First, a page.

Yoga for Life – A weekly column by Amy Lynn Grover
The yoga breath – In my opinion breathing is the most important part of a physical yoga practice. From my teaching experience as well as taking notice while in class, it seems to be the most difficult part for people to get and to understand or stick with throughout the practice. Here are three very important effects of the yoga breath also know as Ujjayi on your personal yoga practice.
When only breathing through the nose, your breath is warmed, which warms the lungs and blood while creating a furnace like effect that warms the entire body.
The sound and sensation of the Ujjayi helps in maintaining awareness of the breath flowing with steadiness, ease and balance throughout your asanas and sequences.
The rhythmic sound of the Ujjayi helps you to calm your nerves and creates a quieter internal practice.
When you start a yoga session, tune into your concentrated Ujjayi breath to calm and centre yourself and prepare for the practice ahead of you. From there use this breath as your fuel to drive you through your practice. It will energize you and allow you to persevere through the most challenging poses.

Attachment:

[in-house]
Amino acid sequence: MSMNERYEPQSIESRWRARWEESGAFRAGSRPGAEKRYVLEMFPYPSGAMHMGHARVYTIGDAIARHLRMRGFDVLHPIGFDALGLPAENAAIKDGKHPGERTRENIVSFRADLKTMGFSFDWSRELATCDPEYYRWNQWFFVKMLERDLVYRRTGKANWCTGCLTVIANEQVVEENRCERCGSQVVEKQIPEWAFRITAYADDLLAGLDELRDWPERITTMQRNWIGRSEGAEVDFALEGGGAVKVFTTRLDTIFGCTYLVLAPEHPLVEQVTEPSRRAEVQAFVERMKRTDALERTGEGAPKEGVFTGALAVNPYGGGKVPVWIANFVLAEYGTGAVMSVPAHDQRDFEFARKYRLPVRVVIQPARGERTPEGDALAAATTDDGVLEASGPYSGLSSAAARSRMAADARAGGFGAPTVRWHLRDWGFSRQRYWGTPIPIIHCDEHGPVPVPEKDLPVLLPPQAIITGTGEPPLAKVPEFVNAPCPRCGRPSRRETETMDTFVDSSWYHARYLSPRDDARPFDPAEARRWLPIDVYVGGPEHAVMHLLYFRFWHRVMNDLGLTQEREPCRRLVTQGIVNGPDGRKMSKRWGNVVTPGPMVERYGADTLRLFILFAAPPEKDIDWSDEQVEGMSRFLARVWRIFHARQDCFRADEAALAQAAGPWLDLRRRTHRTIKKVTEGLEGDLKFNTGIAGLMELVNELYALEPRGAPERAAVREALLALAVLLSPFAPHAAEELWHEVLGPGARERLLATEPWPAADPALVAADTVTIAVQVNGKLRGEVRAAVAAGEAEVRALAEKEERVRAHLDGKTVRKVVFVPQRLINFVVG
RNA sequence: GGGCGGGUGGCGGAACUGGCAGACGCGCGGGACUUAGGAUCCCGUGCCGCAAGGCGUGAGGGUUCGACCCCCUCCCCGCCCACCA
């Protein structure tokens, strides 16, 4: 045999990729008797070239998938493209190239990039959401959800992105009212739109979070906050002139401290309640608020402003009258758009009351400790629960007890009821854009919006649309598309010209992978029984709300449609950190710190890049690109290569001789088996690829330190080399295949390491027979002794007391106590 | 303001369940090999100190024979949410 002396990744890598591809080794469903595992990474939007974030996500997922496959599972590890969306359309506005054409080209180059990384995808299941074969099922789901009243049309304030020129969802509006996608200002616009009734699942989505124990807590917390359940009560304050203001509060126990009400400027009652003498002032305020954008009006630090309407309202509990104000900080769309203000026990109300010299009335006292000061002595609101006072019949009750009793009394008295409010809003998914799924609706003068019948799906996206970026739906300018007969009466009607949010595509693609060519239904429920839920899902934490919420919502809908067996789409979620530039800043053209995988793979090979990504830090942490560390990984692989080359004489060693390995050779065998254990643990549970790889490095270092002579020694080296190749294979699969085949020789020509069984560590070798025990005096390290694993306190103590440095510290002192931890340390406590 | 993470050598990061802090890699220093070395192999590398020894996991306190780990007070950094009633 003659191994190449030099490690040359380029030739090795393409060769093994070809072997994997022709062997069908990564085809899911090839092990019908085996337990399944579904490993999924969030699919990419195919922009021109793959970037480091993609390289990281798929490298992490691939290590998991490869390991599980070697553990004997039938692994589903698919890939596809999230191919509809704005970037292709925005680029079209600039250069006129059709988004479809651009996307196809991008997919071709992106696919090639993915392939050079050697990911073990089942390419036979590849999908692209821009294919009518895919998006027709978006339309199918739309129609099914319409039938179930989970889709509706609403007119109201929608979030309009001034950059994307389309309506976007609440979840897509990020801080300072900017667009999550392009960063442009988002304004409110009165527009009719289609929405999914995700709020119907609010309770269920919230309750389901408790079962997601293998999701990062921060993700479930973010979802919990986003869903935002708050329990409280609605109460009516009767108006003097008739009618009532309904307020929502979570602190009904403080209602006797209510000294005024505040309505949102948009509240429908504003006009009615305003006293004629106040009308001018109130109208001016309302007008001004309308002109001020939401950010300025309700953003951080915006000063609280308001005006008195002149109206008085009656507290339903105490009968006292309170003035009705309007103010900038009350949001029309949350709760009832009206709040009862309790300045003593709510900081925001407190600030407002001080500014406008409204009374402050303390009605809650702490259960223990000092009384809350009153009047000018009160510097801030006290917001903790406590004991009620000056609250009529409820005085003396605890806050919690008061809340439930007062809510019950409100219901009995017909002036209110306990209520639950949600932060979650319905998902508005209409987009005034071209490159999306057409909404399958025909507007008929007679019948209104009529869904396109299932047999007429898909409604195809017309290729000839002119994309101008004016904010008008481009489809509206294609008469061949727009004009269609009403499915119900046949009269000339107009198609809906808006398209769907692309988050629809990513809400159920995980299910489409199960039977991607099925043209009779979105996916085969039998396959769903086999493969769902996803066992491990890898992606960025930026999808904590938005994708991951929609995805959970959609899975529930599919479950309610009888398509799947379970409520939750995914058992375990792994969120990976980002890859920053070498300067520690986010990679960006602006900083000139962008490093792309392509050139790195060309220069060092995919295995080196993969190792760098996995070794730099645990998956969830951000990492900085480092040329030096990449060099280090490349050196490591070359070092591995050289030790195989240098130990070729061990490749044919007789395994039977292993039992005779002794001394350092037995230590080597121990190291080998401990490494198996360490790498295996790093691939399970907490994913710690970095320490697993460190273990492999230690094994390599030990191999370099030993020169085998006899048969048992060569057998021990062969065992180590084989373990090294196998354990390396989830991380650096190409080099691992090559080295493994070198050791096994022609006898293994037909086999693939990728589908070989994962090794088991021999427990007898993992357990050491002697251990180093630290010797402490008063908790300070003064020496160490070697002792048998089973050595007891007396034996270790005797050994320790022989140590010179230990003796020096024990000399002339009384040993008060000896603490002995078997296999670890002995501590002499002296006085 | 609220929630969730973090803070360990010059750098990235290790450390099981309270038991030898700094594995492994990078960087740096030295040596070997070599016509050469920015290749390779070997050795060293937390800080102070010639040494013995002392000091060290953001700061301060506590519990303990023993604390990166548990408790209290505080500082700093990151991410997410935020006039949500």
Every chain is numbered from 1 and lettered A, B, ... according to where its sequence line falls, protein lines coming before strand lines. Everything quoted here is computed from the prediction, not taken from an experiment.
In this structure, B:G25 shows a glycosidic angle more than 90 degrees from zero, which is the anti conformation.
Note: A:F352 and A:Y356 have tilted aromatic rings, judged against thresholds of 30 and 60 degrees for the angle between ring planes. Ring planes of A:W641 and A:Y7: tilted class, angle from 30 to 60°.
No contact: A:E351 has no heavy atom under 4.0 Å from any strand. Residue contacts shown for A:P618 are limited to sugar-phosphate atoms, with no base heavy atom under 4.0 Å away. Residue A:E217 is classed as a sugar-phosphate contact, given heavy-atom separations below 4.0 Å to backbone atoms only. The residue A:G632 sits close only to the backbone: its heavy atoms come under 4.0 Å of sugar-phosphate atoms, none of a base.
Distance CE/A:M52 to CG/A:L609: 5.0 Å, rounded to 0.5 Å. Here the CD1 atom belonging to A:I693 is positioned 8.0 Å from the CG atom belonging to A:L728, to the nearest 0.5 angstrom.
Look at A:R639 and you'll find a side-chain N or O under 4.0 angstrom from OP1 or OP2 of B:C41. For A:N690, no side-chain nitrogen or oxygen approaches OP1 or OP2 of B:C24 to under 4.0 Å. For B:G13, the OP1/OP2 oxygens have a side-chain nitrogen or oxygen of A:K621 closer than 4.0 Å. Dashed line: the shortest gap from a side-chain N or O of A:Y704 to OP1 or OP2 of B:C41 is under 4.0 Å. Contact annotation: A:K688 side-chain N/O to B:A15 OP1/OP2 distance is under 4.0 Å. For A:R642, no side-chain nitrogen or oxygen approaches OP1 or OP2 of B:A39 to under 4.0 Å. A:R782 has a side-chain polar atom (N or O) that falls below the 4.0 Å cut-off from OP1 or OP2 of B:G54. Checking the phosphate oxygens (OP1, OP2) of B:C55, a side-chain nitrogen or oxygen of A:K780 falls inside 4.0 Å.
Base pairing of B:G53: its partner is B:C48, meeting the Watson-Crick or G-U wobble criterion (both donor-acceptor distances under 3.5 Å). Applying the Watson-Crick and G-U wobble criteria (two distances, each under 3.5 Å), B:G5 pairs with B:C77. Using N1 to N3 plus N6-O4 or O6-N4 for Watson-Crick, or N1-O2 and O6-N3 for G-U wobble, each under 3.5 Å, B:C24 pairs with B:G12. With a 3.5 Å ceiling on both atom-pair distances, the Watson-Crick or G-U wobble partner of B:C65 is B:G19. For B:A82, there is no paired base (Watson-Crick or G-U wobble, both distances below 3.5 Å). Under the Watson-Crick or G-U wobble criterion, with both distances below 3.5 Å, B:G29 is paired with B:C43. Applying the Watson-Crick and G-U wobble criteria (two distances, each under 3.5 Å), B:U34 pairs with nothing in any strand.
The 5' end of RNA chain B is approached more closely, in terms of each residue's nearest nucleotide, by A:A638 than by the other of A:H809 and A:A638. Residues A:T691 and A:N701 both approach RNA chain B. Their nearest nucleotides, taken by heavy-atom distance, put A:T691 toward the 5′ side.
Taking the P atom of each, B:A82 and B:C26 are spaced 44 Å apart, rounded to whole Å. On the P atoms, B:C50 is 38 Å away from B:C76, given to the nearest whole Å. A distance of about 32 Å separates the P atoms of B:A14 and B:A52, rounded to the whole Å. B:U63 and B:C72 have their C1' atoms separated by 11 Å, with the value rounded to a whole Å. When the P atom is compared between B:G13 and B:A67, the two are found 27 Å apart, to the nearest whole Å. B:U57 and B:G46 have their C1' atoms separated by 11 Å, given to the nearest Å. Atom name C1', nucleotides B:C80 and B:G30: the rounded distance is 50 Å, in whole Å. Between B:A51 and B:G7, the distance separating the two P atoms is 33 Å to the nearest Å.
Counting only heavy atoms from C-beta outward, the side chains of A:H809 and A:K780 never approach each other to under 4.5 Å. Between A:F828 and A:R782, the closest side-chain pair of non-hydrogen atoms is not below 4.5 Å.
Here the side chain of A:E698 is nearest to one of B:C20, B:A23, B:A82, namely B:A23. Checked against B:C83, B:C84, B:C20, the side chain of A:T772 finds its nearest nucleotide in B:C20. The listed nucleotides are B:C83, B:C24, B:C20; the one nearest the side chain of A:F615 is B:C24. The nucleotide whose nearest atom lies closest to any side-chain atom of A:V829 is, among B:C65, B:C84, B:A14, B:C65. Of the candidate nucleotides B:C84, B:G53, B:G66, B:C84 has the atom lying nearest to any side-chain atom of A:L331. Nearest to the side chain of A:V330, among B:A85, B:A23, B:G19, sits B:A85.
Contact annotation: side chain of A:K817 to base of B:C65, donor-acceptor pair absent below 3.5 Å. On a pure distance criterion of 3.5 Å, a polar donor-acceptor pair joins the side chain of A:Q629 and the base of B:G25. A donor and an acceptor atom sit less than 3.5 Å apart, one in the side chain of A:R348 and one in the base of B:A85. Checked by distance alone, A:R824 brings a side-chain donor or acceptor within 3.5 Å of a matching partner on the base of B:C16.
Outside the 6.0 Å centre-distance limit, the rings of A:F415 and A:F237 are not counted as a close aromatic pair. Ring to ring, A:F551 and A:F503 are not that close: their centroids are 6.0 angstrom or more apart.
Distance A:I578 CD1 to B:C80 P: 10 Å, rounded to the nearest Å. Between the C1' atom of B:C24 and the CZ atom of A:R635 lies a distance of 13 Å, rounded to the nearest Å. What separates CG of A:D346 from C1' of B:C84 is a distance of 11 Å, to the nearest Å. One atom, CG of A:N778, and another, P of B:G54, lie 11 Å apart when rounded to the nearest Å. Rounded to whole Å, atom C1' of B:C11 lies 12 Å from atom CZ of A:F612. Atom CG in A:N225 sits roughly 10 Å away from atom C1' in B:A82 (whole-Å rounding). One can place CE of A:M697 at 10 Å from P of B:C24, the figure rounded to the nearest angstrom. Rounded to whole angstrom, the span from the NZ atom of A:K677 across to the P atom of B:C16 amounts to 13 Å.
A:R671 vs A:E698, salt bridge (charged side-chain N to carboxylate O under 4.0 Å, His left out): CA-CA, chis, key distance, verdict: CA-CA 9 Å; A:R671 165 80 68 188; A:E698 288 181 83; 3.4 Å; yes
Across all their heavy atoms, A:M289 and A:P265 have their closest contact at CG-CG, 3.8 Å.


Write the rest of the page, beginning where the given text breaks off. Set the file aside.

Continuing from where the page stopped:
How To Do The Yoga Breath
When the practice becomes more rigorous, consistent breathing becomes challenging to maintain. The natural tendency when things get tough or uncomfortable is to hold the breath periodically and breaths become shallow pants, gasps or wheezes. When the quality of the breath is compromised, it’s a sign to back off and rest in a child’s pose or corpse pose until your breath can resume to even Ujjayi breathing. Here is how to do it:
The breath sounds similar to the ocean waves coming and going. It’s also been referred to as The “Darth Vadar” breath. There is a slight restriction in the throat that gives it this sound…
- Inhale deeply through your nose and exhale deeply through your mouth (as if you were fogging up a mirror). Try this a few times…
- Next, close the mouth and begin breathing only through the nose. Apply a restriction on the back of the throat on both the inhale and exhale.
This is the Ujjayi breath.
Keep practicing, it will eventually become comfortable and second nature to use in your practice when you get good at it.
Source: Teaching Yoga Essential Foundations and Techniques, Mark Stephens